For the perfect NFL Stadium, we'll just look at a few things. While we could explore the concept of a fantasy football hub or rumble pack seats like the Falcons stadium concepts have shown, I decided that a more conservative approach was needed for the perfect NFL stadium.

The first feature we will look into is the giant video board concept. While Jerry Jones went a bit too far with the "Everything is bigger in Texas!" motto, we would be a bit more conservative. There would definitely be a video board, and ideally, it would be something similar to Jerry's giganto-tron.

It would have multiple displays for the entire stadium to get a good angle for what is on the screen. The ambitious Cowboys owner just went overboard with his screen size. In the ideal stadium, it would be about half the size of those screens but in the same location that Jones put his in.

Another feature that should be explored is a celebration after a touchdown. For the bird-related teams, why not have a trained bird fly around the stadium? For the pirate-style teams, why not have a ship with guns that go off like the Buccaneers have?

Obviously for the Bears or the Lions, it wouldn't make sense to release the live animals into the crowds, but there is a way to set up a celebration for these teams that doesn't involve the live animal. But either way, I would make sure every touchdown or field goal had a dance done by at least the mascot as a minimum. 

The final feature that would be a ton of fun would be the 100-yard bar. This sounds like some half-cocked idea that was designed as a way to peak interest in a new stadium. However, it's going to gain some traction and is legitimately a great idea—for a club-level and even press feature.

It's just a bar that goes the length of the field and can seat people the entire length. How would this be tough to pull off? You could even have four or five levels of this hundred yard bar as part of the club section and create a completely unique perspective.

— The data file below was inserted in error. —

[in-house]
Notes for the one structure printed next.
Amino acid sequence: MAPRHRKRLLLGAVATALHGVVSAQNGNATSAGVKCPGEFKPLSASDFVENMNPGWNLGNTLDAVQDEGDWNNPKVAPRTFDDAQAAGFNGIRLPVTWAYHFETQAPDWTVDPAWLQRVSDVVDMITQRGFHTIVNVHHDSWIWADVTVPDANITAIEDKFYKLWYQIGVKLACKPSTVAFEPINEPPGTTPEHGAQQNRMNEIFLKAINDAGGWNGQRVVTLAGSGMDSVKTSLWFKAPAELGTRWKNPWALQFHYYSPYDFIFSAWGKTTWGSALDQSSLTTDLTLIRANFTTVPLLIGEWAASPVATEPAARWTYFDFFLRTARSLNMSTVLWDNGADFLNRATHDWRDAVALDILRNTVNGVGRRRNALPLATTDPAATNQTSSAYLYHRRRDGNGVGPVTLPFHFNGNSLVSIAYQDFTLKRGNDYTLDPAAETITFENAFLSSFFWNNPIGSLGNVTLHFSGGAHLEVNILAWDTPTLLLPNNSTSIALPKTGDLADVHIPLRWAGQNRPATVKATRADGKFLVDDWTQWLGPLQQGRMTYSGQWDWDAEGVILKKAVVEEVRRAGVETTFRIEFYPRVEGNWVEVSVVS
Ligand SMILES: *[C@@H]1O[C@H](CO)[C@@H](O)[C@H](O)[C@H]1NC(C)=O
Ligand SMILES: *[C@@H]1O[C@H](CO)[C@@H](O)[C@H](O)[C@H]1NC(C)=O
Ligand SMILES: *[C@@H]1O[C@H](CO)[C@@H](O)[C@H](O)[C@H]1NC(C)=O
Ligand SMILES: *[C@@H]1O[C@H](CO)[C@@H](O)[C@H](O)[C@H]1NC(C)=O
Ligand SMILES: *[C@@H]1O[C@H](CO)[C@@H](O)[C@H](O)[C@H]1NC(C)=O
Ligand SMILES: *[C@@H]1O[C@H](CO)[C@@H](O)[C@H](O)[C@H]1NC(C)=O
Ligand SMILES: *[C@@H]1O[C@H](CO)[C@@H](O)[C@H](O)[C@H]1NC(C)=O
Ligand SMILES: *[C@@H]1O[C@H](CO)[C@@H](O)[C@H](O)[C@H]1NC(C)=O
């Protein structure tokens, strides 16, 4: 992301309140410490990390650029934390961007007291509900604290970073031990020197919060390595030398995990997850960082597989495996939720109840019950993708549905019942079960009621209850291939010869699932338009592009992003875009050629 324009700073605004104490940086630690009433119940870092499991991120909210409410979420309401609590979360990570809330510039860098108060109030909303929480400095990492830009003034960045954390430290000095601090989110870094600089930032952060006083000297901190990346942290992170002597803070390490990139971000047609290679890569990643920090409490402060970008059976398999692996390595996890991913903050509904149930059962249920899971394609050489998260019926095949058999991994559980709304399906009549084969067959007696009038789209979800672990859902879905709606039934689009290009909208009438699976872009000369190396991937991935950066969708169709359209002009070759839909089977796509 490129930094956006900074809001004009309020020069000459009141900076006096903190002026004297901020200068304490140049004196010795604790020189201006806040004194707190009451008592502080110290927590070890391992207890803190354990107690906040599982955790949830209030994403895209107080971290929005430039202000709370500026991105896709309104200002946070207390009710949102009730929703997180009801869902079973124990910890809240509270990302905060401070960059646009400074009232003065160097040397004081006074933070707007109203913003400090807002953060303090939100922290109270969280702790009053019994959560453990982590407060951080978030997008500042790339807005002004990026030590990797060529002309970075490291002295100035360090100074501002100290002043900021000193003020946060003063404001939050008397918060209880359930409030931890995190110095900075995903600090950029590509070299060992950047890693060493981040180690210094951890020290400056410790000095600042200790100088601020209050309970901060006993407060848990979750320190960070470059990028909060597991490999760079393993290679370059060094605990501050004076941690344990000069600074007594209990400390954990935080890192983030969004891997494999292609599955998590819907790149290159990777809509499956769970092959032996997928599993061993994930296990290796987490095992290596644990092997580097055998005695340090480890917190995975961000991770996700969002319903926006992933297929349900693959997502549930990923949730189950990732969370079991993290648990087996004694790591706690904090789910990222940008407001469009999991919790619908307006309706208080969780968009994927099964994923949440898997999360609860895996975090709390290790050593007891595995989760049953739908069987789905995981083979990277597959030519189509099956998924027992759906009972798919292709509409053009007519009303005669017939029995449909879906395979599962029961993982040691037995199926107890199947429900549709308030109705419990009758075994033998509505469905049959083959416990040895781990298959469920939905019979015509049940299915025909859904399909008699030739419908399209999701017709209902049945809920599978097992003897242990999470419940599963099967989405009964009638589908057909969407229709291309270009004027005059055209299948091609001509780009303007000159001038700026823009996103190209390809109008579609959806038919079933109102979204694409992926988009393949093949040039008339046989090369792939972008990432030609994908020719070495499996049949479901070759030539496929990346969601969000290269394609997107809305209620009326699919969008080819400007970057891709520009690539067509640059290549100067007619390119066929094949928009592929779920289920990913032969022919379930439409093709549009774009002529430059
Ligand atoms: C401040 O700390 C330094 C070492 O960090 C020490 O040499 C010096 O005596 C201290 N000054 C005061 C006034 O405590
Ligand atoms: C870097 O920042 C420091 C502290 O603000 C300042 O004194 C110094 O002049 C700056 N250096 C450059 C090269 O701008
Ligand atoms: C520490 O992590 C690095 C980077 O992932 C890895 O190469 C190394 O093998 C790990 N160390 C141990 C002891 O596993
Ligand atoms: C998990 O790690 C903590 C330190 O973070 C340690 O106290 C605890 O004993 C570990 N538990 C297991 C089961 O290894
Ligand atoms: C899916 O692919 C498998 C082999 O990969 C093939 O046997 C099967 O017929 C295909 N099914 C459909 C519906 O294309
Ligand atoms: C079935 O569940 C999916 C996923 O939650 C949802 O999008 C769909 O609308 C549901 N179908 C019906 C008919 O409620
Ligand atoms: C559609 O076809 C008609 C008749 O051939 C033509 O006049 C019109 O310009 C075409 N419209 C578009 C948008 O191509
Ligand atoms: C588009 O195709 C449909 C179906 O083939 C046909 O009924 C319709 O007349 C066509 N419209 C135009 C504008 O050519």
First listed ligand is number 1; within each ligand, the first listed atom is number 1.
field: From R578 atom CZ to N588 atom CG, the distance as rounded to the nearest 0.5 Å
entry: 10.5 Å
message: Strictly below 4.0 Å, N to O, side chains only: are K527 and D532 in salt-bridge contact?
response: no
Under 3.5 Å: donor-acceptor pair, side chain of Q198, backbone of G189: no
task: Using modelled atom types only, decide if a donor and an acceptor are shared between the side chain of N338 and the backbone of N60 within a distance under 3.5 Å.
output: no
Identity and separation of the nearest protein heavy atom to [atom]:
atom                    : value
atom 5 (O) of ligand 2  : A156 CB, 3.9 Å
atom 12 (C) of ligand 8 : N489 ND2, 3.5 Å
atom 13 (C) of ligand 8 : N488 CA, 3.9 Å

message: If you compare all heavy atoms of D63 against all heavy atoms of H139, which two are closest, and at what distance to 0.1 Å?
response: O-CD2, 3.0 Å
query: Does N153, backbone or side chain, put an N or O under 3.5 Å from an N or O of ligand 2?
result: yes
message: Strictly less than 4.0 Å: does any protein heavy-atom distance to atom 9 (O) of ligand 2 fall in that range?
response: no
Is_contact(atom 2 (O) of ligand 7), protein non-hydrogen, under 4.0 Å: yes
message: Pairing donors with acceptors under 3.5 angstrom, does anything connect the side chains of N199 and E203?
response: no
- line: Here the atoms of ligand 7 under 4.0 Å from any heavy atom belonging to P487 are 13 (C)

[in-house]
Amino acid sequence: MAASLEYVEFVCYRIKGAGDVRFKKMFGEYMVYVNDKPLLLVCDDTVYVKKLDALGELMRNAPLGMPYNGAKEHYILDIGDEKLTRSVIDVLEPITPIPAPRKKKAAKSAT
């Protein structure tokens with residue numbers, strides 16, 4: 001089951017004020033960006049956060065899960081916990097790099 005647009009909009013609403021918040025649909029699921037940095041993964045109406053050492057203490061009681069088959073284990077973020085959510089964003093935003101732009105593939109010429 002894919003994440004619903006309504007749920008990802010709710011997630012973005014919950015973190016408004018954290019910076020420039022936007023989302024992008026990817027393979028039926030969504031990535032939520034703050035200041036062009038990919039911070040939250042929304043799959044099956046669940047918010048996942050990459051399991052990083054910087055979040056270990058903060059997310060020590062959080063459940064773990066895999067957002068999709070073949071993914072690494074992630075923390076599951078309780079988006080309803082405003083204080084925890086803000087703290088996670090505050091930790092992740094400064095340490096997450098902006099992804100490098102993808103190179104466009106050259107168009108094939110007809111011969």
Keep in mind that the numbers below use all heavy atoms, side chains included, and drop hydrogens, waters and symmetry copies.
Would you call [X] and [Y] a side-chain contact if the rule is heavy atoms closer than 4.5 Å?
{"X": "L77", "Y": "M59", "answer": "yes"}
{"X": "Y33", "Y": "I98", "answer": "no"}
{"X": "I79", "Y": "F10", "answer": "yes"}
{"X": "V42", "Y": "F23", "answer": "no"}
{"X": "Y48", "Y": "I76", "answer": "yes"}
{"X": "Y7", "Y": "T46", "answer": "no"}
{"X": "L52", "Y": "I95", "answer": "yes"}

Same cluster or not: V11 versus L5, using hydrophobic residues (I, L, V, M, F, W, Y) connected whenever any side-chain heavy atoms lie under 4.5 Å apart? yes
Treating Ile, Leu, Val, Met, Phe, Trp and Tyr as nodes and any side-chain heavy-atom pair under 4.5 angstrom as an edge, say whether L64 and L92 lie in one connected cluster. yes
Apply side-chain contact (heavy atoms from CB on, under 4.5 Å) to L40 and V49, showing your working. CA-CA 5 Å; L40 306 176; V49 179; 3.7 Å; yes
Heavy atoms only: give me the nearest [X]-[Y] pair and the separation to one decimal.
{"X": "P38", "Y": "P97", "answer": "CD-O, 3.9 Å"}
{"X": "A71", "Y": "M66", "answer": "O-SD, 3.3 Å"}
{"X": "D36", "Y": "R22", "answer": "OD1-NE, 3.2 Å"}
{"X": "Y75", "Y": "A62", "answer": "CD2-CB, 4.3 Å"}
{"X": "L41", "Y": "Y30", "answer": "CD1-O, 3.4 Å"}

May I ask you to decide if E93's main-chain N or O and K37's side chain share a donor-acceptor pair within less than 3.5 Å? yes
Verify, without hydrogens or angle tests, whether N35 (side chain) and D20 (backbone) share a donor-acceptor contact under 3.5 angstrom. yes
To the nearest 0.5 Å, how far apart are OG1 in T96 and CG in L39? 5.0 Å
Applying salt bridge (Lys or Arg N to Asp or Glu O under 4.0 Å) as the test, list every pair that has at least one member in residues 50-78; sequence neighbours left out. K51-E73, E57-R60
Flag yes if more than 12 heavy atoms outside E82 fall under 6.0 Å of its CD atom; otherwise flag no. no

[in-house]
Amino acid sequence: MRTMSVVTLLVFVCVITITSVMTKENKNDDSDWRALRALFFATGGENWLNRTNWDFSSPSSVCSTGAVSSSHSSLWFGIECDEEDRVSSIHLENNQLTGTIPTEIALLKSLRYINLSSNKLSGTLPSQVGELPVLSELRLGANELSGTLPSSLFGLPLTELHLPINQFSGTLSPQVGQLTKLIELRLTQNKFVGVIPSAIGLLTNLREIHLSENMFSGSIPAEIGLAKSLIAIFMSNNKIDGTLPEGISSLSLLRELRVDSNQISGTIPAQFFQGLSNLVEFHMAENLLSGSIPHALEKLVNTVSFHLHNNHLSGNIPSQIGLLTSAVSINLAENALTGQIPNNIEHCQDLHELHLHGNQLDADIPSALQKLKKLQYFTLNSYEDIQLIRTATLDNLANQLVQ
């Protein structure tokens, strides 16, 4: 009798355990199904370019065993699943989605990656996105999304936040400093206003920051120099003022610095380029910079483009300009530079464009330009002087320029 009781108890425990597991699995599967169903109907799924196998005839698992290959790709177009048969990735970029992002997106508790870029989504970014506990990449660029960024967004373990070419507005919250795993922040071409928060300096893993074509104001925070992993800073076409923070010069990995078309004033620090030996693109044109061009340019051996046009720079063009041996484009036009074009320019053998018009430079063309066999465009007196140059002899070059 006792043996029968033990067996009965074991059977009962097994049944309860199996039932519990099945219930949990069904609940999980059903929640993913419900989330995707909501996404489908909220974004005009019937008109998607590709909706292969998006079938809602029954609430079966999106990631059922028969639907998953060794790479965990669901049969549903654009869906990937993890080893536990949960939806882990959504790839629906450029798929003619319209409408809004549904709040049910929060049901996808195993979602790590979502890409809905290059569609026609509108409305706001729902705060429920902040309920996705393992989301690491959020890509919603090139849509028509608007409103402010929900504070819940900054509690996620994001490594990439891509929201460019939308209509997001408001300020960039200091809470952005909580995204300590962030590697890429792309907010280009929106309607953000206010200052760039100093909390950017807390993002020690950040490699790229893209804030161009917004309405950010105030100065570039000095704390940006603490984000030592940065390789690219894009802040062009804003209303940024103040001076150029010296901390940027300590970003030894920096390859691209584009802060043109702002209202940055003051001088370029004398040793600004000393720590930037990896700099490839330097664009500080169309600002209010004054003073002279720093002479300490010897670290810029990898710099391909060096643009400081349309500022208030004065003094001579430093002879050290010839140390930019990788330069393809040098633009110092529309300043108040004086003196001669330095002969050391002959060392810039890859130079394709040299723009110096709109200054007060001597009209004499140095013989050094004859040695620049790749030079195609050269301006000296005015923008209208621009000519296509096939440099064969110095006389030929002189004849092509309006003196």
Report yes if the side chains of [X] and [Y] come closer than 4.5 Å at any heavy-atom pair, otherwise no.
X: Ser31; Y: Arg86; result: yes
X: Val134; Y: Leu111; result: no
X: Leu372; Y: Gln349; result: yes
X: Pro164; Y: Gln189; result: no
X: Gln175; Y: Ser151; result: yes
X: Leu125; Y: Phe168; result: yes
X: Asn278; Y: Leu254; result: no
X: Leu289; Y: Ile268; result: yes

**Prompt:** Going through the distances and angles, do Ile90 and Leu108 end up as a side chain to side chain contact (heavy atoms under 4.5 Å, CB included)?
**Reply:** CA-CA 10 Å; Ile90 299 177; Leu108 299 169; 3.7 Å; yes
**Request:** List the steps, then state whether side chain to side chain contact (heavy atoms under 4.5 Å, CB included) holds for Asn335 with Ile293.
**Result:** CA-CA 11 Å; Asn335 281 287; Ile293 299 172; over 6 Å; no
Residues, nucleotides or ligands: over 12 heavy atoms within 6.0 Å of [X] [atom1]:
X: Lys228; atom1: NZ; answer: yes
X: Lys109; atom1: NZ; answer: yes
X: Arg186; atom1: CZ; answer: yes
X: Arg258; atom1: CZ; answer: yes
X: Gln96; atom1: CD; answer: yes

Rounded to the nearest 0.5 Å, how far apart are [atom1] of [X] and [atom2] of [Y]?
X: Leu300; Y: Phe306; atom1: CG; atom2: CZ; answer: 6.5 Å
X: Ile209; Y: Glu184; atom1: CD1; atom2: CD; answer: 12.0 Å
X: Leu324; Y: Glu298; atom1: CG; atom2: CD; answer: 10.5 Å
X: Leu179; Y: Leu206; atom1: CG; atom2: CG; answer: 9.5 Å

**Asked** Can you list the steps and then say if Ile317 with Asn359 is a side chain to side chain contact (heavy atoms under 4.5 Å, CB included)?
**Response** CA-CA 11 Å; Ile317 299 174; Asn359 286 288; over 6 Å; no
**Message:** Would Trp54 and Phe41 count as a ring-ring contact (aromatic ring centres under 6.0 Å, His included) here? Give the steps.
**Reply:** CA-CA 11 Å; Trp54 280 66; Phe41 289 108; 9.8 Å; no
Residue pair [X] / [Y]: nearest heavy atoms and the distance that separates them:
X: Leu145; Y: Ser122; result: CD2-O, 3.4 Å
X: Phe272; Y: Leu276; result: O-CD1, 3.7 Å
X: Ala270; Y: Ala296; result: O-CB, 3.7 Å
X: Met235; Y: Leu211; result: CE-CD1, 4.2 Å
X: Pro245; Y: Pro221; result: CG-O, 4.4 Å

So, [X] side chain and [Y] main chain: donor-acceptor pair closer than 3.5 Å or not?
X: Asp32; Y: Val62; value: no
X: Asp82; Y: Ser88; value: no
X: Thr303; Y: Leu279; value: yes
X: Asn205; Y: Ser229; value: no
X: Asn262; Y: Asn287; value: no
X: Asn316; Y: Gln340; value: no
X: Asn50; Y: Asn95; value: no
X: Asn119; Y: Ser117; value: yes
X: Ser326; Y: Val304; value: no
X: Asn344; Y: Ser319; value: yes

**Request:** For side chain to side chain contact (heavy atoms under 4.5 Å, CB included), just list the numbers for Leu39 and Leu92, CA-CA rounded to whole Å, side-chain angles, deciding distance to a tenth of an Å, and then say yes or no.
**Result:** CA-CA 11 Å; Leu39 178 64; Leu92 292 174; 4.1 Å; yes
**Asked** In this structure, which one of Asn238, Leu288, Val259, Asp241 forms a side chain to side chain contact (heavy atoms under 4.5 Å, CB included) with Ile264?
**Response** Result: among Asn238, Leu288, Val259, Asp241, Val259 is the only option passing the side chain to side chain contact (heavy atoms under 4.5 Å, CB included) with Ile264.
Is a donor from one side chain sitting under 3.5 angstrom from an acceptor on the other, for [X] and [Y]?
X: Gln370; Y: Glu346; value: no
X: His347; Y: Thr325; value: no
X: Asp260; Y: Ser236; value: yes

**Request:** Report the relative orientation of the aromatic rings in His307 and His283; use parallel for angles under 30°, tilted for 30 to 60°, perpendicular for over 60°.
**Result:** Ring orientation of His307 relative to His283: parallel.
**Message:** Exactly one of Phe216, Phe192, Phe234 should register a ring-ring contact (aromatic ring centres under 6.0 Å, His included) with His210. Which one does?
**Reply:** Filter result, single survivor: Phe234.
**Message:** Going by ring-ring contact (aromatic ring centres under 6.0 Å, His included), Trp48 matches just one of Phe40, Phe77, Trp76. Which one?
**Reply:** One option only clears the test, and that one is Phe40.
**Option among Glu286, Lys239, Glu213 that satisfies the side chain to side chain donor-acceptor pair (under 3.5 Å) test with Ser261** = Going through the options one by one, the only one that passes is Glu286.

This could even be where you have the fantasy football nuts sit. They would be able to have a wi-fi hot spot style access to hook into. Even better than that would be an ethernet hook-in at each spot so that people could hook right in with their laptops. But no matter how you cut these features, the perfect NFL stadium would be a ton of fun to be at.

Overall Design

When going over the overall structure design of the stadium, there are many things to consider. 

Starting with the basic structure. do you go with a bowl? How about a horseshoe? Maybe a two-sided stadium?

So many questions on how you can design this thing. Honestly, it all goes down to how the team feels it can create the loudest and best experience in the game. Every team will think a different design is better.

My personal favorite is a lowest level bowl followed by a horseshoe on the top two levels of a three level stadium. Where the opening is, have it face the city or, in the case of a waterfront location, have it face the cove or bay or ocean. Something like Heinz Field in Pittsburgh.

How about the roof? Do you go with a dome, open-air, or a retractable roof?

Now here, there's going to be arguments for both the dome and open-air that make sense. However, I will always be the one who says, "Have your cake and eat it too." And in this case, that's the retractable roof option. 

So when it comes to the best possible structure design, the best looks to be something like the Solarium concept for the new Falcons stadium. Mainly because it seems to combine the best of all worlds.

When the stadium is open, it just looks like an open-air bowl stadium with wings that you can see the city of Atlanta from. When closed, you can still see the city and it's a glass barn-style building that can host events in any weather. 

As a whole, stadium design is all about the city architecture around it and the people making the decisions. But when picking out the perfect stadium, give me the Falcons new Solarium concept, and I'll be perfectly happy.

All stats used are either from Pro Football Focus's Premium Stats, ESPN, CFBStats or the NFL. All contract information is courtesy Spotrac. All recruiting rankings come from 247Sports.com.

Scott Carasik is a Featured Columnist for Bleacher Report. He covers the Atlanta Falcons, NFL and NFL Draft. He also runs DraftFalcons.com.